Wreckers and Plunderers 1856.


The entire county of Wexford had to pay a levy following the plundering of the "Irrawaddy", a big merchantman which went aground on the Blackwater Bank, off the coast of Wexford, on October 13, 1856. En route from Glasgow to Rangoon, the "Irrawaddy" was carrying a valuable cargo of calico, gunpowder and cut stone, with an estimated value for ship and cargo of£50,000. in bad weather the ship struck the Blackwater Bank about 9.30 p.m. on October 13 and began taking water at a rate of four feet an hour. The 21 crew members, including Captain Thomas Millar , took to the boats. One boat, with three men in it, capsized and the three were lost. The remainder made it to shore. In effect the "Irrawaddy" had been abandoned, a fact used by the defence in a subsequent court case.

Captain Millar went to Wexford town to notify Lloyds agents of the wreck and to try to hire a steamer to pull the "Irrawaddy" off the sandbank. When he returned to the scene of the wreck on October 14, he found that the ship had drifted off the bank and was now grounded near Cahore. Worst of all he saw that the ship was surrounded by a fleet of boats and that plundering was in progress. What happened is best described in the captain's own words, as reported in "The Wexford Independent" of February 28, 1857, from a sitting of Wexford Spring Assizes before the notorious Judge Keogh.

Eleven Arklow fishermen who had been arrested following the plundering had been charged at the Assizes but the Grand Jury had failed to find a True Bill and the men were released "to the cheers of a crowd outside the courthouse". The court then sat to hear civil proceedings brought by the English owners of the "Irrawaddy" and the underwriters. They sought compensation of £7,485 , a huge sum in those days. Captain Millar said that on October 15 he saw some cargo being removed from the stranded vessel by boats from Courtown Harbour, amongst those in the boats were a Coastguard and two of his crew. Some 40 or 50 boats were involved and from 400 to 500 people were on board the ship. He himself went out to the ship and found Mr. Cuscaden, Chief of the Coastguards, there. While he was on board other boats came alongside, Anning himself, the Captain told them to keep off, threatening to "blow their brains out". The men in the boats had boathooks, tongs and long iron rods with beards on their points (obviously fishing spears). They rushed on board. Outnumbered, he took Cuscaden's boat and went ashore for the police. When he returned with some policemen he found that most of the boats now had cargo in them. Fitzsimons of the police ordered his men to load their carbines, but "the wreckers only smiled at them" .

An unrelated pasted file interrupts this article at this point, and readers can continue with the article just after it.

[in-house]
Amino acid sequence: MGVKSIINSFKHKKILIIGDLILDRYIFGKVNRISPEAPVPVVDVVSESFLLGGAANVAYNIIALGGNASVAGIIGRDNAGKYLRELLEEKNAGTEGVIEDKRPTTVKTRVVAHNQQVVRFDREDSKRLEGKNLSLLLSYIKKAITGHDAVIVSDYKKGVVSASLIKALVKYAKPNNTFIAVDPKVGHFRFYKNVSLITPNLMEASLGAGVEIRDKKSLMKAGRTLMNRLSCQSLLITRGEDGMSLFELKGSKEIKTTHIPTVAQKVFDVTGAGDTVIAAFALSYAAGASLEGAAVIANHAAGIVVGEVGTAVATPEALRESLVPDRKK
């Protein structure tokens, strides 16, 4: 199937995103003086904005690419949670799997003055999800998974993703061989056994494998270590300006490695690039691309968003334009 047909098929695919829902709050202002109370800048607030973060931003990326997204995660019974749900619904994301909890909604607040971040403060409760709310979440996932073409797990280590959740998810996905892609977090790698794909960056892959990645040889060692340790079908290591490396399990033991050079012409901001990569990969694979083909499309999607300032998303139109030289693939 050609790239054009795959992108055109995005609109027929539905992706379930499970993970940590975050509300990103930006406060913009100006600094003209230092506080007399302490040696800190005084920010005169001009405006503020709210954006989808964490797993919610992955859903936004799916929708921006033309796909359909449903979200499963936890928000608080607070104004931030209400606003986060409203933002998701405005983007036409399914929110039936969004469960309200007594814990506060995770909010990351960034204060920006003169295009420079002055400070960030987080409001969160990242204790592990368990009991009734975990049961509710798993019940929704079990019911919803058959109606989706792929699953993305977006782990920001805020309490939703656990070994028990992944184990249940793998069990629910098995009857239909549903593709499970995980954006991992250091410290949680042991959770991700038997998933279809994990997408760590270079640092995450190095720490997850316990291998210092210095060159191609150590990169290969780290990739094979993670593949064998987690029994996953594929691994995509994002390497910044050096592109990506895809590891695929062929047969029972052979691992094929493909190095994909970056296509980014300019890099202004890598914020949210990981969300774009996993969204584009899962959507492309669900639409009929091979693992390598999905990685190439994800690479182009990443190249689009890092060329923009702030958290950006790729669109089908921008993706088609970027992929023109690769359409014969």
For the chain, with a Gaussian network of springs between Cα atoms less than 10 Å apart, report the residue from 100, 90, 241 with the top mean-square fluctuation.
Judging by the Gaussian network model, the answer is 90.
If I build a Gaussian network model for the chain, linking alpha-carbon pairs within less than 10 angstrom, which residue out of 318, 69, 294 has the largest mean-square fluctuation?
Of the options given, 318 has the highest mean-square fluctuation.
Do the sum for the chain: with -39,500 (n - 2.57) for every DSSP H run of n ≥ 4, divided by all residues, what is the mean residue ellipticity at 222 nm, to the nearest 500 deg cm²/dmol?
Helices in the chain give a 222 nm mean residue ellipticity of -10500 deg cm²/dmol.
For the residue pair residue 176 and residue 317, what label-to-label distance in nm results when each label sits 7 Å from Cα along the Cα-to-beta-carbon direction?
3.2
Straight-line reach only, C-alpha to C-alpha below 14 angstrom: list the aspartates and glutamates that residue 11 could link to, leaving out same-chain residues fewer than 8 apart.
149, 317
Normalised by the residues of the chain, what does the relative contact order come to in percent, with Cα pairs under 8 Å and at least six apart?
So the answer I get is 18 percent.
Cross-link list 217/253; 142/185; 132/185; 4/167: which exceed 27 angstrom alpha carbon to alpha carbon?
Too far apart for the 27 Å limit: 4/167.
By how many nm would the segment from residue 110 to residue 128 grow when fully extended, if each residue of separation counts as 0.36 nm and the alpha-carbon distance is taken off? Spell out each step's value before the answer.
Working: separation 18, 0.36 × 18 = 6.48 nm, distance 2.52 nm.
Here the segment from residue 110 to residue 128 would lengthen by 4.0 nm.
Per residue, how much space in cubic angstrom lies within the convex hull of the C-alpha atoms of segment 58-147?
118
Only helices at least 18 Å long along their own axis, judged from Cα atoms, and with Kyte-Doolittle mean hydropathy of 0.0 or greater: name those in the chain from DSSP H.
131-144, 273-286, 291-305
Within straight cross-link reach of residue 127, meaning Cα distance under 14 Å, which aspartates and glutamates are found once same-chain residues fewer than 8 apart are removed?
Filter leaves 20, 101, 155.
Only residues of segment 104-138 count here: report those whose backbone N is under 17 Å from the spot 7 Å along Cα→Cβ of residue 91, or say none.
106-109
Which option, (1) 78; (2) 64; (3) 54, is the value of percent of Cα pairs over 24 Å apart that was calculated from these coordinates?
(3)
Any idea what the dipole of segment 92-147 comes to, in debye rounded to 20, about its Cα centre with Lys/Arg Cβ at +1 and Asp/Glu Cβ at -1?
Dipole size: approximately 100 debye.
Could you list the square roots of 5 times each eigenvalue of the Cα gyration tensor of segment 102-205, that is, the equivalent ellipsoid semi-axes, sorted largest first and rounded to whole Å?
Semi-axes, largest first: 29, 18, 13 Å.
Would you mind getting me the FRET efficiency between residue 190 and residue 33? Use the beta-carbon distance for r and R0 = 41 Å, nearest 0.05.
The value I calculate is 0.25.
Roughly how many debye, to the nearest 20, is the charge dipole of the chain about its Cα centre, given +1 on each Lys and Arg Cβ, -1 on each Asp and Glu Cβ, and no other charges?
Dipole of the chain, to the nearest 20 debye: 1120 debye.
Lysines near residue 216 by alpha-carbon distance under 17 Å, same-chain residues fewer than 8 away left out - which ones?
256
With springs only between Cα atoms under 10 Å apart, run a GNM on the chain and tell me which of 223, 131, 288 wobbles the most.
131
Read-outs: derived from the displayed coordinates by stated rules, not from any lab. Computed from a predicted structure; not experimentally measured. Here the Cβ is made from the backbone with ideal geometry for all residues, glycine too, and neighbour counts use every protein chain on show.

Miller then described how he, his crew and the police started to clear the decks. In twenty minutes he had nearly cleared them when two men advanced on him with boathooks. He parried their attack with a cutlass but was struck with an axe by another. Members of his own crew rushed to his assistance. They grabbed the axeman and handed him over to the police. But the plunderers had won the day. A large quantity of goods had been taken away. Fifteen or twenty of the largest boats, of fifteen to twenty tons burthen, were very deep laden with plunder. A hole had even been cut in the deck to enable goods to be taken from the holds. Calicos worth £500 had been taken, the ship" s stores had been destroyed and the sails and rigging had also been carried off. The first boat had been in charge of the Coastguard, added the Captain.

By October 16, he said in cross-examination, the ship was full of water and broke up later . Some packages were washed ashore and he saw gun-powder on shore with the Coastguard. The mizzen mast and part of the standing rigging were returned to him later. " One man bought 50 feet of books from the wreck", he said in an aside. Divers and official salvers went aboard afterwards and the salvaged goods were put on a steamer. Cuscaden was in charge then. From Harper, Lloyd"s agent in Wexford, some said goods had been retrieved from as far away as Arklow, and William Coighlan, Coastguard at Arklow, said he got goods from twenty boats as they came in from the wreck. He said there were about fifty boats out, but some had no goods at all when they came in. Counsel for the claimants made the point that boats could easily return empty, having off -loaded goods elsewhere.

William Cuscaden, Chief Coastguard Officer, in his evidence was obviously at pains to play down the amount of goods taken. He said he had only three men while there were 400 or 500 plunderers and he disputed Captain Millar's assertions. In cross examination, however he admitted that he himself had taken a chronometer and a spy-glass from the "Irrawaddy". In his final plea, council for the ratepayers of the county argued strongly against the injustice of saddling responsibility on the people of the barony who were not only innocent but had rendered assistance to save the ship and cargo. Why, he asked should they be compelled to pay for the depredations of marauders from another county? The jury , Directed by Judge Keogh, found for the claimants, however and assessed damages at £1,700, the claim to be levied off the entire county.
 





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